Drawing helps us build a conscious understanding of our liking for certain landscapes, people, cartoons and other objects. We find explanations for our attractions, we develop an aesthetic, a capacity to judge about beauty and ugliness. We find out with greater conviction what is missing in a picture we don’t like and what contributes to the beauty of the one we do. We start to analyse a scene that catches our interest and find the origin of beauty (‘the combination of ocean and the evening sun’, ‘the way the birds form a pattern across the sky’). We move from a numb ‘I like this’ to ‘I like this because…’. We ask ourselves more vigorously, ‘is it better that the light strikes the object from the side than from overhead? Does blue go well with red? Do the buildings need to be as high as the street is wide so that the city looks attractive?’ The finished piece might not then be marked by a genius, but at least it is motivated by a search for an authentic representation of a personal experience.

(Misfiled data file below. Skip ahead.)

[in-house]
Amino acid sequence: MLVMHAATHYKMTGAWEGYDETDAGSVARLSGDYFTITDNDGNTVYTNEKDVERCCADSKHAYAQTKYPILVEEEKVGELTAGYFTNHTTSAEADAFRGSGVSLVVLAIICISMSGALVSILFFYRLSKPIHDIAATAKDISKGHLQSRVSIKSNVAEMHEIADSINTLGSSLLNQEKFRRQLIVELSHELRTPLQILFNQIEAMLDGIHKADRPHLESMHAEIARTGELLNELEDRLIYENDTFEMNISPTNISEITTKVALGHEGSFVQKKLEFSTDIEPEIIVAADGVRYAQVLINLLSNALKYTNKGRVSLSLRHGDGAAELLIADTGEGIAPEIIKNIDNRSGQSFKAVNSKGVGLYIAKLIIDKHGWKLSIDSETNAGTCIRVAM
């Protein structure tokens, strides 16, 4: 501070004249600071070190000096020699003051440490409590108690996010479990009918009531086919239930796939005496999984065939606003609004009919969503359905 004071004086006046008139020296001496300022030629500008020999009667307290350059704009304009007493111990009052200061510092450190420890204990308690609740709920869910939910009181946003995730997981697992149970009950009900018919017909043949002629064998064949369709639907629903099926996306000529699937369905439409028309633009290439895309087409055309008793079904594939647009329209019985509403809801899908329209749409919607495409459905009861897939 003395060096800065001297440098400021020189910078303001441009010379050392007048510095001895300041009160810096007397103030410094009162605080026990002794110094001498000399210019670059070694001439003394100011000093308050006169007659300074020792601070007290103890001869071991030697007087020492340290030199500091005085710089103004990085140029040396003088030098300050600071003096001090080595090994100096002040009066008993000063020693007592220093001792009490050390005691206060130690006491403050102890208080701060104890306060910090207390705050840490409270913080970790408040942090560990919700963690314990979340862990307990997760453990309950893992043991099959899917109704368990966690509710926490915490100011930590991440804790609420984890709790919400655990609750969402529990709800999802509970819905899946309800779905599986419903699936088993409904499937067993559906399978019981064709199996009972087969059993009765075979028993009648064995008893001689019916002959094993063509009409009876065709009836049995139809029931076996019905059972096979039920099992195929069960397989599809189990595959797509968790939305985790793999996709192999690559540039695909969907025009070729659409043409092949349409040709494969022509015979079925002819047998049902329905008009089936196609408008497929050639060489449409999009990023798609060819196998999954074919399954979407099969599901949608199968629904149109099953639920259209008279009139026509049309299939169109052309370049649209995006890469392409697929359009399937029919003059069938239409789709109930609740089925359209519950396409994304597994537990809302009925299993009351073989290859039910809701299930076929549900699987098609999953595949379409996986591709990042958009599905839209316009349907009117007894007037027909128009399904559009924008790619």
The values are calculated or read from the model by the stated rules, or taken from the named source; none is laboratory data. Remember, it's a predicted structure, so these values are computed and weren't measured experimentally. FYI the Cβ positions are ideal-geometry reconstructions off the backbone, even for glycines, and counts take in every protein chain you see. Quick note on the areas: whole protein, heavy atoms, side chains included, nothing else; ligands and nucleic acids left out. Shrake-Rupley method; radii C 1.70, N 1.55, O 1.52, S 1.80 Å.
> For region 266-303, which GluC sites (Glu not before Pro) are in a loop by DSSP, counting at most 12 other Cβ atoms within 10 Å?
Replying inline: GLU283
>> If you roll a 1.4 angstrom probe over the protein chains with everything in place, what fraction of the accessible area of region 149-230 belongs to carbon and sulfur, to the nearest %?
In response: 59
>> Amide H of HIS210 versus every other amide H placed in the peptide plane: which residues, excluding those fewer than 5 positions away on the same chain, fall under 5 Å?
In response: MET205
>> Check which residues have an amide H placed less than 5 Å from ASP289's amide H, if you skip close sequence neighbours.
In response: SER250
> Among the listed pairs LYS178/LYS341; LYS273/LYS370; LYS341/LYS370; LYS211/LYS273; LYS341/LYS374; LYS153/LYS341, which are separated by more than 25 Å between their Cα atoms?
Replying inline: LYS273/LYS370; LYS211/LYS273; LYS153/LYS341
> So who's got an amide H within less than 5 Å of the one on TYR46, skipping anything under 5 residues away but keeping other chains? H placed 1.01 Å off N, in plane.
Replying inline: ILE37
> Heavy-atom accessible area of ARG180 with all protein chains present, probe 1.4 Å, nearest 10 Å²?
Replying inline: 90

And on the basis of this conscious awareness, more solid memories can be founded. According to John Ruskin, a famous art critic of the Victorian era, ‘drawing allows us to stay the cloud in its fading, the leaf in its trembling, and the shadows in their changing’.
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